Holstein cows in the dairy industry are suffering from the trait being overlooked in my opinion. They have used breeding techniques like AI to push so hard for milk production that Holsteins now are not as healthy or hardy as they were at one time. The dairy industry has decided that milk production is more important than other considerations and have breed their cattle that way. Since I'm not in the dairy industry my viewpoint on this might be wrong but that is the way it seems to me. Overall Holsteins are not as healthy or hardy as they used to be. This has been done on purpose, but is it appropriate that we have done this and can accelerating the process with cloning cause this and other problems in our domesticated animals?
Mankind has domesticated the animals we are talking about for over 2000 years now and it is our ethical responsibility to take care of them properly. Is cloning these animals instead of using natural reproduction an ethical way to take care of these animals that we are responsible for? Is pushing one genetic characteristic at the expense of other characteristics, the breed they belong to or the whole genus of the animal the way we should be taking care of our responsibility? Awful tough question to answer if you ask me. We've changed the animals over time with selective breeding but with reproduction technologies available today we are accelerating the changes we are making to our animals faster than ever and there is no guarantee that what we are doing won't have bad consequences in the long run. By our reliance on just certain breeds for production agriculture there are even domesticated animal breeds going extinct and we are losing valuable genetic diversity in our animals every day.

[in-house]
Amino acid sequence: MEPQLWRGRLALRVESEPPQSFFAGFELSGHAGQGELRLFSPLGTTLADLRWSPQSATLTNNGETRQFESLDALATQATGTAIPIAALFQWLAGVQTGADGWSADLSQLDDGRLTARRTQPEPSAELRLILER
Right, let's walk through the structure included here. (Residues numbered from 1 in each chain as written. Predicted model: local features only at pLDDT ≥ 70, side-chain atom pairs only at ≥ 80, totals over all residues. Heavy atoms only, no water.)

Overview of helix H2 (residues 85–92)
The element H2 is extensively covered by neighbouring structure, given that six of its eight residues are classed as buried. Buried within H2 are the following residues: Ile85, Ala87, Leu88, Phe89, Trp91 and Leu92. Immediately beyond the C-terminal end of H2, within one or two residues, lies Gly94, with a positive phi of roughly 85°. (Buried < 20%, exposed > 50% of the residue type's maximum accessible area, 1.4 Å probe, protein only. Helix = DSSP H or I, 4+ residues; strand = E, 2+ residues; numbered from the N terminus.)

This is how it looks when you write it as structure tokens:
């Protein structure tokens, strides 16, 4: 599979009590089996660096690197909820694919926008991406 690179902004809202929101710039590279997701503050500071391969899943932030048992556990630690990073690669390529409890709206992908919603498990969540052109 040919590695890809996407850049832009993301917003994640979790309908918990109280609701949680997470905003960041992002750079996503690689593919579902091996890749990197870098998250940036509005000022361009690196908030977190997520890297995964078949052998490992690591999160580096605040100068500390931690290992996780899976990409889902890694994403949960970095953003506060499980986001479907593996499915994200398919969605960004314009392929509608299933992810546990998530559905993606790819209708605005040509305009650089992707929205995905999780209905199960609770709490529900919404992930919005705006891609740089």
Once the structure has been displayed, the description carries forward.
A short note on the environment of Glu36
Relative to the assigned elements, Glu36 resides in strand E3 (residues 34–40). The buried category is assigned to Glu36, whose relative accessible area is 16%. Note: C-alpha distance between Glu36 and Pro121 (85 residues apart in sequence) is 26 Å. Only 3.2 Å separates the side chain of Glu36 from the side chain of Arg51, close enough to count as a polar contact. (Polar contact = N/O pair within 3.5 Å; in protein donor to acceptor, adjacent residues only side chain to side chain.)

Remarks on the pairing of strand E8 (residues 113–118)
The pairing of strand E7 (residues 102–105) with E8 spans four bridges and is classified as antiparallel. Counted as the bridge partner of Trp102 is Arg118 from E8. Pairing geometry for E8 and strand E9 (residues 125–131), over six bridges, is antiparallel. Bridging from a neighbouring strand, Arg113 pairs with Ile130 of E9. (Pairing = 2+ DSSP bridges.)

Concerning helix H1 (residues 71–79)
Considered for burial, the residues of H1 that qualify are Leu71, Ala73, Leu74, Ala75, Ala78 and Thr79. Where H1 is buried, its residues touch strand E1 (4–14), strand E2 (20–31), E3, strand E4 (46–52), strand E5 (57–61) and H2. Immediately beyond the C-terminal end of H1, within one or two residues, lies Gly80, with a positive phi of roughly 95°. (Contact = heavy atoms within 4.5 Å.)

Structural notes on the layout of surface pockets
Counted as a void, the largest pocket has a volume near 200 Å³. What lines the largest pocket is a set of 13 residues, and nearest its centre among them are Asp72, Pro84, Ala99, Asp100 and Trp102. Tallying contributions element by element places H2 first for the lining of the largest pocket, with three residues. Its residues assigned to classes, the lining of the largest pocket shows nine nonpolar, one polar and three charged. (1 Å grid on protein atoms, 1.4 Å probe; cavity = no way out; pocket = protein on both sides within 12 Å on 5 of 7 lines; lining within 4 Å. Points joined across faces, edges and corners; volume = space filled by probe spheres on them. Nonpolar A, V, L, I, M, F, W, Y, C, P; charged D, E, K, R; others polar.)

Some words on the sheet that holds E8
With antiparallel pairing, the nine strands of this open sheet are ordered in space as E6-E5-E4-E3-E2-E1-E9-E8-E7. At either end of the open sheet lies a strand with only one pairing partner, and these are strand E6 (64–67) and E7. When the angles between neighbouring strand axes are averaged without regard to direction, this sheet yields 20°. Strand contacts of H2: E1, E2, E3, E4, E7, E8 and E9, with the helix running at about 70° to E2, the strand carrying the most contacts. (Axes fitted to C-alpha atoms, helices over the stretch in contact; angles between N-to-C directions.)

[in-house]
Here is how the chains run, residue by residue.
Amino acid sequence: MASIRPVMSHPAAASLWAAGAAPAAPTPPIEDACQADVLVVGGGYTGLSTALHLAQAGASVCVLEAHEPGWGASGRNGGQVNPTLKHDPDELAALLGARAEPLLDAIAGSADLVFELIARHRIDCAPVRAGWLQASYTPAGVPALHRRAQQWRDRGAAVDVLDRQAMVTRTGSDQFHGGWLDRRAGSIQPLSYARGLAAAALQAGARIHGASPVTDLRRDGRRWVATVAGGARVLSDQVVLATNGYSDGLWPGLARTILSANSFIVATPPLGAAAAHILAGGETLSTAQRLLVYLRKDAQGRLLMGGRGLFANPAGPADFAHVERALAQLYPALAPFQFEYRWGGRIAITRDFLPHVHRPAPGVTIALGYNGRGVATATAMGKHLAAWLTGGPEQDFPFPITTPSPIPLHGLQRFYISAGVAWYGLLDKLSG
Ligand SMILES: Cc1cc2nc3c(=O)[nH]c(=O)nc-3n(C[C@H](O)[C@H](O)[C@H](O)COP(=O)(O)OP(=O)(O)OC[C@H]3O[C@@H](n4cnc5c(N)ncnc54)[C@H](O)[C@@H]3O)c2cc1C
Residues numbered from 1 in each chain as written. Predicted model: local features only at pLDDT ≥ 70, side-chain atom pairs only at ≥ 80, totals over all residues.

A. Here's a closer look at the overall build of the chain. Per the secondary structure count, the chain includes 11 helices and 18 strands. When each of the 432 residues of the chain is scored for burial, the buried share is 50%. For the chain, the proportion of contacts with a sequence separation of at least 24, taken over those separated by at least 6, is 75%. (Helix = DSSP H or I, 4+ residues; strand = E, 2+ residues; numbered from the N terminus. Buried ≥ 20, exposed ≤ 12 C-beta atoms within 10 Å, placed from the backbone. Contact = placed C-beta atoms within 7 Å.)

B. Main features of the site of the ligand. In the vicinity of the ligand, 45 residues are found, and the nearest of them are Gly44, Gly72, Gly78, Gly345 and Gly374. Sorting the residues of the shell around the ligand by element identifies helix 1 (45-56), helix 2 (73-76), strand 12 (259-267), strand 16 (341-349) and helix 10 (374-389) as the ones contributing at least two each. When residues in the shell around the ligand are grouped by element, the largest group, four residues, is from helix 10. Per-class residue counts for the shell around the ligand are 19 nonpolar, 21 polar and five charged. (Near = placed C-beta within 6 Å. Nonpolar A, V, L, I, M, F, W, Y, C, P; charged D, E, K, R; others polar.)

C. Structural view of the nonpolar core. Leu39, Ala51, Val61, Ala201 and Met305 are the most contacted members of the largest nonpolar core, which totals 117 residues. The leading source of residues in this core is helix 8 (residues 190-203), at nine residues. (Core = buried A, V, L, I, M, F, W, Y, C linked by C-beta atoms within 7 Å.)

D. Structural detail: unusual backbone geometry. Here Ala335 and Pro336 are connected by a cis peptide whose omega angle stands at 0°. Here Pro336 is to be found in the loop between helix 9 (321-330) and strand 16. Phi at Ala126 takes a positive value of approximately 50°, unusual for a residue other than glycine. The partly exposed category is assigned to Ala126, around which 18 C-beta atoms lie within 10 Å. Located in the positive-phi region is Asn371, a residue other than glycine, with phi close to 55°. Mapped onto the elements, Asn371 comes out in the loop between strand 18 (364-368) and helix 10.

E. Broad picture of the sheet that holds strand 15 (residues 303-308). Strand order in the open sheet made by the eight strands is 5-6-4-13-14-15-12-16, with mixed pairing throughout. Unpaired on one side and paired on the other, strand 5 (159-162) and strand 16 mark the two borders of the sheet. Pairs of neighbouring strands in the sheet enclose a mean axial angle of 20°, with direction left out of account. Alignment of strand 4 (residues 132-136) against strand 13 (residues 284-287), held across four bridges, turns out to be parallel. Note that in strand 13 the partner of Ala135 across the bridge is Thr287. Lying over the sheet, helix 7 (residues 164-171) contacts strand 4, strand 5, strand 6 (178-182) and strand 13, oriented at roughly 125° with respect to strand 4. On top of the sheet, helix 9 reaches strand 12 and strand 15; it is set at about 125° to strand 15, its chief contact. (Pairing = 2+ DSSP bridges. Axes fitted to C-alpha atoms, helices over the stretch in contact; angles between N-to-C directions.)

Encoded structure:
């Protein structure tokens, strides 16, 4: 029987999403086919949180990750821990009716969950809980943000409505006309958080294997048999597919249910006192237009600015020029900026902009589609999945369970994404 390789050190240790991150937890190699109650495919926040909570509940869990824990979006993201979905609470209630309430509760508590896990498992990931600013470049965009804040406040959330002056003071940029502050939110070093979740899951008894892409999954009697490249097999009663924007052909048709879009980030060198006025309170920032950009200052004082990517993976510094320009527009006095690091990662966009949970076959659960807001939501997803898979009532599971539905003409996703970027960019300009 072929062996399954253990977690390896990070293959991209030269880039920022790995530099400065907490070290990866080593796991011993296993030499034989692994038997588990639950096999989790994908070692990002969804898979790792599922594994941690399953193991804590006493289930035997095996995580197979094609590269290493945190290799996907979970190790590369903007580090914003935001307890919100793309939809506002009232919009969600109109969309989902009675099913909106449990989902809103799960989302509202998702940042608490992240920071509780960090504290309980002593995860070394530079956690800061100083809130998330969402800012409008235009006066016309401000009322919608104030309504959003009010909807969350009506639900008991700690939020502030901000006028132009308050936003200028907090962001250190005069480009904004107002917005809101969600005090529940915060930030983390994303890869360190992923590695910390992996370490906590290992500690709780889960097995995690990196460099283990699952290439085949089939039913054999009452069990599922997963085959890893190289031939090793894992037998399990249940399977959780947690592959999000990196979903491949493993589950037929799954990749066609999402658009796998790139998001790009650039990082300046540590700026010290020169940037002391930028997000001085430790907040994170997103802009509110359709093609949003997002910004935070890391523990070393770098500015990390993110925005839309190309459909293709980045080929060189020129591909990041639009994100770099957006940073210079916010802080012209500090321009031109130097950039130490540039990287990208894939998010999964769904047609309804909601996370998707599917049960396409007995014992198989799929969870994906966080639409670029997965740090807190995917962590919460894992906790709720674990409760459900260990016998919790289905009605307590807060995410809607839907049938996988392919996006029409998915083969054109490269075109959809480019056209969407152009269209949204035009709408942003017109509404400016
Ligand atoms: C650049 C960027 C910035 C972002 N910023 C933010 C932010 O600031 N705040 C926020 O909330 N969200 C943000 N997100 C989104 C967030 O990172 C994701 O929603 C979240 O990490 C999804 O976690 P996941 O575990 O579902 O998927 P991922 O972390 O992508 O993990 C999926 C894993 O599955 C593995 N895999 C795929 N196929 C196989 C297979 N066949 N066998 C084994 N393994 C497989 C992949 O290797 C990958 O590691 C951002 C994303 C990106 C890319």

By cloning we are not only in danger of losing breeds, but losing all the diversity in a breed for one animal that the experts believe to be superior. What happens to our genetic diversity when all the animals in one "breed" are all just one animal? We will then have no diversity and no fall back if there is a problem with the animal. It will also speed the extinction of the genetic diversity available in all the breeds that are now in the world that are endangered. Cloning may be a valuable tool for agriculture like they claim since it will allow us to use superior genetics to increase the production of our herds, but I don't think so. I think it is an abrogation of our responsibility for the ethical care of the animals we are entrusted with and just another example of man's belief that he knows better than God/Mother Nature. The meat of cloned animals might be indistinguishable from the meat of non-cloned animals but that doesn't mean that this is the road we need to go down. There are too many potholes in this road and is not the way mankind needs to take his animals. This road will just be too rough on them and us.
Compassion, in which all ethics must take root, can only attain its full breadth and depth if it embraces all living creatures and does not limit itself to mankind. Albert Schweitzer